May 20, 2021
Cathy Kelaghan – firstname.lastname@example.org
The U.S. Department of Labor (DOL) issued a final rule on May 6, 2021 that withdraws the Trump-era test for independent contractor status.
The prior administration’s rule streamlined the factors to consider when determining if a worker is an employee or an independent contractor. It prioritized two “core factors” – (1) the nature and degree of the worker’s control over his/her work; and (2) the opportunity for profit or loss. If these two core factors were not determinative, other factors would be considered: (1) skill required to do the work; (2) permanence of the working relationship; and (3) if the work was part of an integrated unit of production.
With the withdrawal of the Trump administration’s rule, the DOL’s prior seven-factor test will remain in place, as will the various versions utilized by many federal courts. The seven-factor test focuses on the economic reality of whether the worker is truly in business for himself/herself. The seven factors are:
- The extent to which the services rendered are an integral part of the principal’s business.
- The permanency of the relationship.
- The amount of the alleged contractor’s investment in facilities and equipment.
- The nature and degree of control by the principal.
- The alleged contractor’s opportunities for profit and loss.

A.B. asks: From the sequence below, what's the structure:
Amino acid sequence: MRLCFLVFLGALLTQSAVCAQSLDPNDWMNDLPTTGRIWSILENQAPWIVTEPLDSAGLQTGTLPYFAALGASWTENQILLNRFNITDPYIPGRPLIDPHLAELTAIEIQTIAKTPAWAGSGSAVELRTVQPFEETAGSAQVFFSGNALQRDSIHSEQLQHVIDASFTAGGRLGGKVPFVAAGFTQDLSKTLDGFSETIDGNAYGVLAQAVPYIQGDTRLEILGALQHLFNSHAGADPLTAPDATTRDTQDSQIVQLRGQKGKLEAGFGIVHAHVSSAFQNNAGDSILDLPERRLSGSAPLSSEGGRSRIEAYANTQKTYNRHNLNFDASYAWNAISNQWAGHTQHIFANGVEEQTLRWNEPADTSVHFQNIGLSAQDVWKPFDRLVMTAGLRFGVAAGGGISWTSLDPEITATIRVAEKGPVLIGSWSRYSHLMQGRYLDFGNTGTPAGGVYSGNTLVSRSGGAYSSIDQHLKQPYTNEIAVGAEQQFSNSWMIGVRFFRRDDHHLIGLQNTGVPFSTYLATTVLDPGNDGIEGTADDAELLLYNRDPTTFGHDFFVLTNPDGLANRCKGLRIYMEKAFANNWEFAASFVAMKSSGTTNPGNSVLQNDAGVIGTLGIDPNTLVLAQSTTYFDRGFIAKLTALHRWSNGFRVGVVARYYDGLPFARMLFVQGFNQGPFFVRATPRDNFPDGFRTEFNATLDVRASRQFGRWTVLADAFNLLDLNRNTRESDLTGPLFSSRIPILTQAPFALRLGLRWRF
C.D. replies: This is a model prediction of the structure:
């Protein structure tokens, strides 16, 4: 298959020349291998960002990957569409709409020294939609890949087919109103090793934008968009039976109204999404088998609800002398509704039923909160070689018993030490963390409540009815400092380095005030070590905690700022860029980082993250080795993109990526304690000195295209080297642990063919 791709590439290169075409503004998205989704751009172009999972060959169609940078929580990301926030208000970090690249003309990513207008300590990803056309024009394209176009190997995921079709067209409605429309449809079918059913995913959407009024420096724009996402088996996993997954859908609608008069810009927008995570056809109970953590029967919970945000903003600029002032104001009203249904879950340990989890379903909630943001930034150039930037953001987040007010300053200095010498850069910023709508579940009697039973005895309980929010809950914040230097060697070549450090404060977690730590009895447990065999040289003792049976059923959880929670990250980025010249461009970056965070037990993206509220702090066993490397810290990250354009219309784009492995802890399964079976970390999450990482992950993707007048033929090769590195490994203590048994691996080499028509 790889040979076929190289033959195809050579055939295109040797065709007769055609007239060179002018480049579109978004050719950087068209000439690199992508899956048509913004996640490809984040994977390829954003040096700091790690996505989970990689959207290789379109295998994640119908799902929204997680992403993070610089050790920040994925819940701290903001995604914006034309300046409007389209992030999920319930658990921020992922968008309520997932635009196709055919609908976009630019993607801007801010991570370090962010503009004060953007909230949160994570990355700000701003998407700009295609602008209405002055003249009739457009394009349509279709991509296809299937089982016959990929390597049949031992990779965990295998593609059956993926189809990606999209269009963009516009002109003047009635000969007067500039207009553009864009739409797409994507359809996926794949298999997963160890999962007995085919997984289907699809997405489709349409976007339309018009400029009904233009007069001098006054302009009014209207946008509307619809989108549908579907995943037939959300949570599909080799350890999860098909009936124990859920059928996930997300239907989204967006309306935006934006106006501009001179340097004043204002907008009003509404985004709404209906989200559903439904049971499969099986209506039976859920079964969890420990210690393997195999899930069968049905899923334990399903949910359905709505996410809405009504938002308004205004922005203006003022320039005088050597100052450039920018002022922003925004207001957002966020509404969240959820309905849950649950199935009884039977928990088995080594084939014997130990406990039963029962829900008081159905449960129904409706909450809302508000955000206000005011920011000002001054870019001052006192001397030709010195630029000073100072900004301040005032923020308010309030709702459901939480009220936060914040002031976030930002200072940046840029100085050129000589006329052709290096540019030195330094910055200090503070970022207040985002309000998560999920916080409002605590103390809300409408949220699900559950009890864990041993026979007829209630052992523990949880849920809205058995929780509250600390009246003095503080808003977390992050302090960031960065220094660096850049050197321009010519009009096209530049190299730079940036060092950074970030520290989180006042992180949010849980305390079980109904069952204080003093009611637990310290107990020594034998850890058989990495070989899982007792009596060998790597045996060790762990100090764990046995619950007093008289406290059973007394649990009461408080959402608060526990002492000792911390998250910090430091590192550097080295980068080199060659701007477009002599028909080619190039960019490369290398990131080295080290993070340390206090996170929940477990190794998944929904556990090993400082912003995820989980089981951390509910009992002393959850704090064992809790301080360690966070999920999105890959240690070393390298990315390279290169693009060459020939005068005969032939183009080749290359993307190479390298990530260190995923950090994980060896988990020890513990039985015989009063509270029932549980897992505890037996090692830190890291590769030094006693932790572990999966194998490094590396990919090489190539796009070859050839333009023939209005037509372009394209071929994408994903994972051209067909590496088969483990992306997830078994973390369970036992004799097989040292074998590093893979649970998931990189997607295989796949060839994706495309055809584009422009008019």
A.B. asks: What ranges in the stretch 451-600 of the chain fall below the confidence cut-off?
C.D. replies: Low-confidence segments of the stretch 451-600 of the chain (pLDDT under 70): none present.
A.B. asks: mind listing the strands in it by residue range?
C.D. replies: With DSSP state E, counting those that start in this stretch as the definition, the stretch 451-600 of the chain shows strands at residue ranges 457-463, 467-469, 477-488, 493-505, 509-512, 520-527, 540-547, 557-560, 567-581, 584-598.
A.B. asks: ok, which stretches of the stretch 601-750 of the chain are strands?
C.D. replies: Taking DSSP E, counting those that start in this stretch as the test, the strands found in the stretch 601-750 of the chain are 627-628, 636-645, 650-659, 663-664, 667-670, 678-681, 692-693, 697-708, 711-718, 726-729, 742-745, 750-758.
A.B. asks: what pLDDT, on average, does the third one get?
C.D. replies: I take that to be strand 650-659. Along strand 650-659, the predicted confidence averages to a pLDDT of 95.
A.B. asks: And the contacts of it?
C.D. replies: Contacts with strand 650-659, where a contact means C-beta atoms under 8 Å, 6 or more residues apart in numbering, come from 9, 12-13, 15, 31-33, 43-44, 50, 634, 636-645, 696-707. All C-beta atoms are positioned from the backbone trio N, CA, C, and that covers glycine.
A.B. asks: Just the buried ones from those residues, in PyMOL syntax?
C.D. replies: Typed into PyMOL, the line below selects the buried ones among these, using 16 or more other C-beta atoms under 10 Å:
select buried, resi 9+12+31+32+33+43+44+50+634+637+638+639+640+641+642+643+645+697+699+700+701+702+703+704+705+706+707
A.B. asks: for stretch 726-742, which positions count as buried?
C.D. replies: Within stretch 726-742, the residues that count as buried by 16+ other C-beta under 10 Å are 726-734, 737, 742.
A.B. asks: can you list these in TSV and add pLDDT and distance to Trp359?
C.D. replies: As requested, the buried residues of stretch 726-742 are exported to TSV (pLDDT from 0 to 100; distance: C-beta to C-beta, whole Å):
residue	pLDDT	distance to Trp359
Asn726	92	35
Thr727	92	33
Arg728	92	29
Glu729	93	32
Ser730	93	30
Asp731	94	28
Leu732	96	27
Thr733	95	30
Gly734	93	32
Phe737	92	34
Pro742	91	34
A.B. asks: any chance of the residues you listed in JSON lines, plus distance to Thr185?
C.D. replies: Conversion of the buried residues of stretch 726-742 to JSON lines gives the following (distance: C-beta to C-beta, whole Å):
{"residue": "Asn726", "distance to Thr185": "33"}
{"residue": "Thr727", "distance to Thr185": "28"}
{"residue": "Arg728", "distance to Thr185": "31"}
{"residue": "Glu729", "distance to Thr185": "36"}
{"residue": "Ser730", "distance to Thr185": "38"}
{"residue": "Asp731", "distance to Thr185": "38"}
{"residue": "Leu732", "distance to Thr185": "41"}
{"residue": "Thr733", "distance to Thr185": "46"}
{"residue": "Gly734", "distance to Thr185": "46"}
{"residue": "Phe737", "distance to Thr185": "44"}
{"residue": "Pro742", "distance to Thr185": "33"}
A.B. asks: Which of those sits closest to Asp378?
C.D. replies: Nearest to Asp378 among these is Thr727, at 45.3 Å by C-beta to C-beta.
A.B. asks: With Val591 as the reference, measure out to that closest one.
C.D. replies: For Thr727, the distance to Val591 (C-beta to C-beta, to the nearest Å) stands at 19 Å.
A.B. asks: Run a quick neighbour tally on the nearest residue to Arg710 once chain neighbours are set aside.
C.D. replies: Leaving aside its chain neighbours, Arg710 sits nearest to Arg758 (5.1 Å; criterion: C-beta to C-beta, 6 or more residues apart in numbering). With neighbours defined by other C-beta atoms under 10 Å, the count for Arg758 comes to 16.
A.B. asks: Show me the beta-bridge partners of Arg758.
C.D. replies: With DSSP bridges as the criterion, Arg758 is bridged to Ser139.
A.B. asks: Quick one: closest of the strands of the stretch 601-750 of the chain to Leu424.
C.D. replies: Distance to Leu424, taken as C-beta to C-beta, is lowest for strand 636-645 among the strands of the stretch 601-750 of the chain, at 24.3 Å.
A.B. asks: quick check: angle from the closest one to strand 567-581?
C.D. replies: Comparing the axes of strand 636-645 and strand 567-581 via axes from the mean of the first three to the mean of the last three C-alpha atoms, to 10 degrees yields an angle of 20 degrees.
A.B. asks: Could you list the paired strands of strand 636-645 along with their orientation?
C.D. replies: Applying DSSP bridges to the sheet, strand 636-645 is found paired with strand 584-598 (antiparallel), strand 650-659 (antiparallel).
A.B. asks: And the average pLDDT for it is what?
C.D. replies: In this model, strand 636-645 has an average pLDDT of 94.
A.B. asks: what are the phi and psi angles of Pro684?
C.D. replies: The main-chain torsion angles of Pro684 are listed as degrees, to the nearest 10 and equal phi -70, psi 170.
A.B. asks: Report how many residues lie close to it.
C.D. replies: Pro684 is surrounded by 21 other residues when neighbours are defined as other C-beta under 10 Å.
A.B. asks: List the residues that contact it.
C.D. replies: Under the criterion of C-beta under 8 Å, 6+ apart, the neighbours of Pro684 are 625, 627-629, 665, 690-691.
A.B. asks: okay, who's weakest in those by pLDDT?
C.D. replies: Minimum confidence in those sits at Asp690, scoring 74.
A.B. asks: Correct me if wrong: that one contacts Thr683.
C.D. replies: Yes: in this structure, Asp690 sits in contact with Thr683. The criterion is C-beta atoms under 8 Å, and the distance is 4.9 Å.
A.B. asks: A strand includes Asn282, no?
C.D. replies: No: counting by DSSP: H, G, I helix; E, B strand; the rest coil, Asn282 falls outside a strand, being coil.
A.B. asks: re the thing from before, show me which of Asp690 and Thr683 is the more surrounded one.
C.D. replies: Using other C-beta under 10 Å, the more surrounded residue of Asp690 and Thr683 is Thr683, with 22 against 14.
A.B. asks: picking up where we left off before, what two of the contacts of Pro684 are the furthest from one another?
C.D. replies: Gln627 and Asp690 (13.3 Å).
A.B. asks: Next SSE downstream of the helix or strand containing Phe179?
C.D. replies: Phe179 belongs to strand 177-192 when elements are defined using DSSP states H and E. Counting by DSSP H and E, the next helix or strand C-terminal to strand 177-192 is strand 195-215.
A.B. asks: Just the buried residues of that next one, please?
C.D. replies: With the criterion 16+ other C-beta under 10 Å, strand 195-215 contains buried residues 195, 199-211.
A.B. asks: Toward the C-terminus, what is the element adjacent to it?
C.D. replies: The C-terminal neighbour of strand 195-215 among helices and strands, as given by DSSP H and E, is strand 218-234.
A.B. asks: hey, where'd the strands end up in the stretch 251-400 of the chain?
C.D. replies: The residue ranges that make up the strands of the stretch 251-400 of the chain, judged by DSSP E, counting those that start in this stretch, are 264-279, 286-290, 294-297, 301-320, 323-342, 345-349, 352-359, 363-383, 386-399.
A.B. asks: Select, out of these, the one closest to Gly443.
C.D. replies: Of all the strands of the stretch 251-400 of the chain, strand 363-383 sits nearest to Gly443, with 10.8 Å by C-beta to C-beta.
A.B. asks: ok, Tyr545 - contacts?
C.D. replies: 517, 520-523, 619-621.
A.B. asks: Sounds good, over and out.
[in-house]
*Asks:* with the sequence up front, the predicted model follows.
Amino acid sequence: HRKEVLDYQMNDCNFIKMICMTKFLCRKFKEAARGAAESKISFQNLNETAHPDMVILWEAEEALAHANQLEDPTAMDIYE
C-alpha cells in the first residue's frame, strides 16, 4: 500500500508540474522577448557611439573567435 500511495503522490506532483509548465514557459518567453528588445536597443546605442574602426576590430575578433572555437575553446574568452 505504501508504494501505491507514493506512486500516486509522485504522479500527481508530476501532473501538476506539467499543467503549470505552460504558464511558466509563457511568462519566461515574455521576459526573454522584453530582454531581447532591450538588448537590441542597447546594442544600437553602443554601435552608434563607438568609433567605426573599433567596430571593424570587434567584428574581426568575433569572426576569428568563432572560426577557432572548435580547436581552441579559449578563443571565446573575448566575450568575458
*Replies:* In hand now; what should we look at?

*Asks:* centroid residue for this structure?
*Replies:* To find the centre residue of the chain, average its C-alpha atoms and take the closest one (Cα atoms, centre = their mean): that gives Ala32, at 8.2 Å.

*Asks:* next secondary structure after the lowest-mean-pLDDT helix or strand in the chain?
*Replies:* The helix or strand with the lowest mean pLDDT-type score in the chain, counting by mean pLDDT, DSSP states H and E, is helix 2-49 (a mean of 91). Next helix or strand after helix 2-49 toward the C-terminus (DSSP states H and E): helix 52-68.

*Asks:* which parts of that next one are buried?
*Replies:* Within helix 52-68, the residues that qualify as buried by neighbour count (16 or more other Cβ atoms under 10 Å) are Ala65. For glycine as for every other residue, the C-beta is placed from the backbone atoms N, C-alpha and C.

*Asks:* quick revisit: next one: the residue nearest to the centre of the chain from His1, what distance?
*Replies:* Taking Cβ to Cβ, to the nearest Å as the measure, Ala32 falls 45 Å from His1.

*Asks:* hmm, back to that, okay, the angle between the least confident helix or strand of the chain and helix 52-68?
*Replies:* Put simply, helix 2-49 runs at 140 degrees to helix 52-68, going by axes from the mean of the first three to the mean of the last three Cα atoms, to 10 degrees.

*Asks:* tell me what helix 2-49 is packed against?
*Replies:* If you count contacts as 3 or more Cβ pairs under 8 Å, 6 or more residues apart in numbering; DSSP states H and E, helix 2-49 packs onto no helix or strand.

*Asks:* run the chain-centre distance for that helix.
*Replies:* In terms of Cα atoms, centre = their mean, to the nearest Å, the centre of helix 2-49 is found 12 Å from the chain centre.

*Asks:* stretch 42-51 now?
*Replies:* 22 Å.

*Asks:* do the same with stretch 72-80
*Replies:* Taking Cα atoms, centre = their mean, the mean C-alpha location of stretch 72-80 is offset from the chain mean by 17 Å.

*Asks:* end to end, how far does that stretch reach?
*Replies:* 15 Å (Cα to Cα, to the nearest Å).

- The amount of initiative, judgment, or foresight in open market competition with others required for the success of the claimed independent contractor.
- The degree of independent business organization and operation.
These seven factors are weighted equally and the DOL states that certain factors are immaterial in determining whether there is an employment relationship. The place where work is performed, the absence of a formal employment agreement, or whether an alleged independent contractor is licensed by State/local government have no bearing on determining whether there is an employment relationship. Also, the U.S. Supreme Court has held that the time or mode of pay does not control the determination of employee status.
If you have or are contemplating having arrangements with independent contractors, be sure to familiarize yourself with this DOL guidance. As always, Stall Legal is available to assist and answer any questions you may have.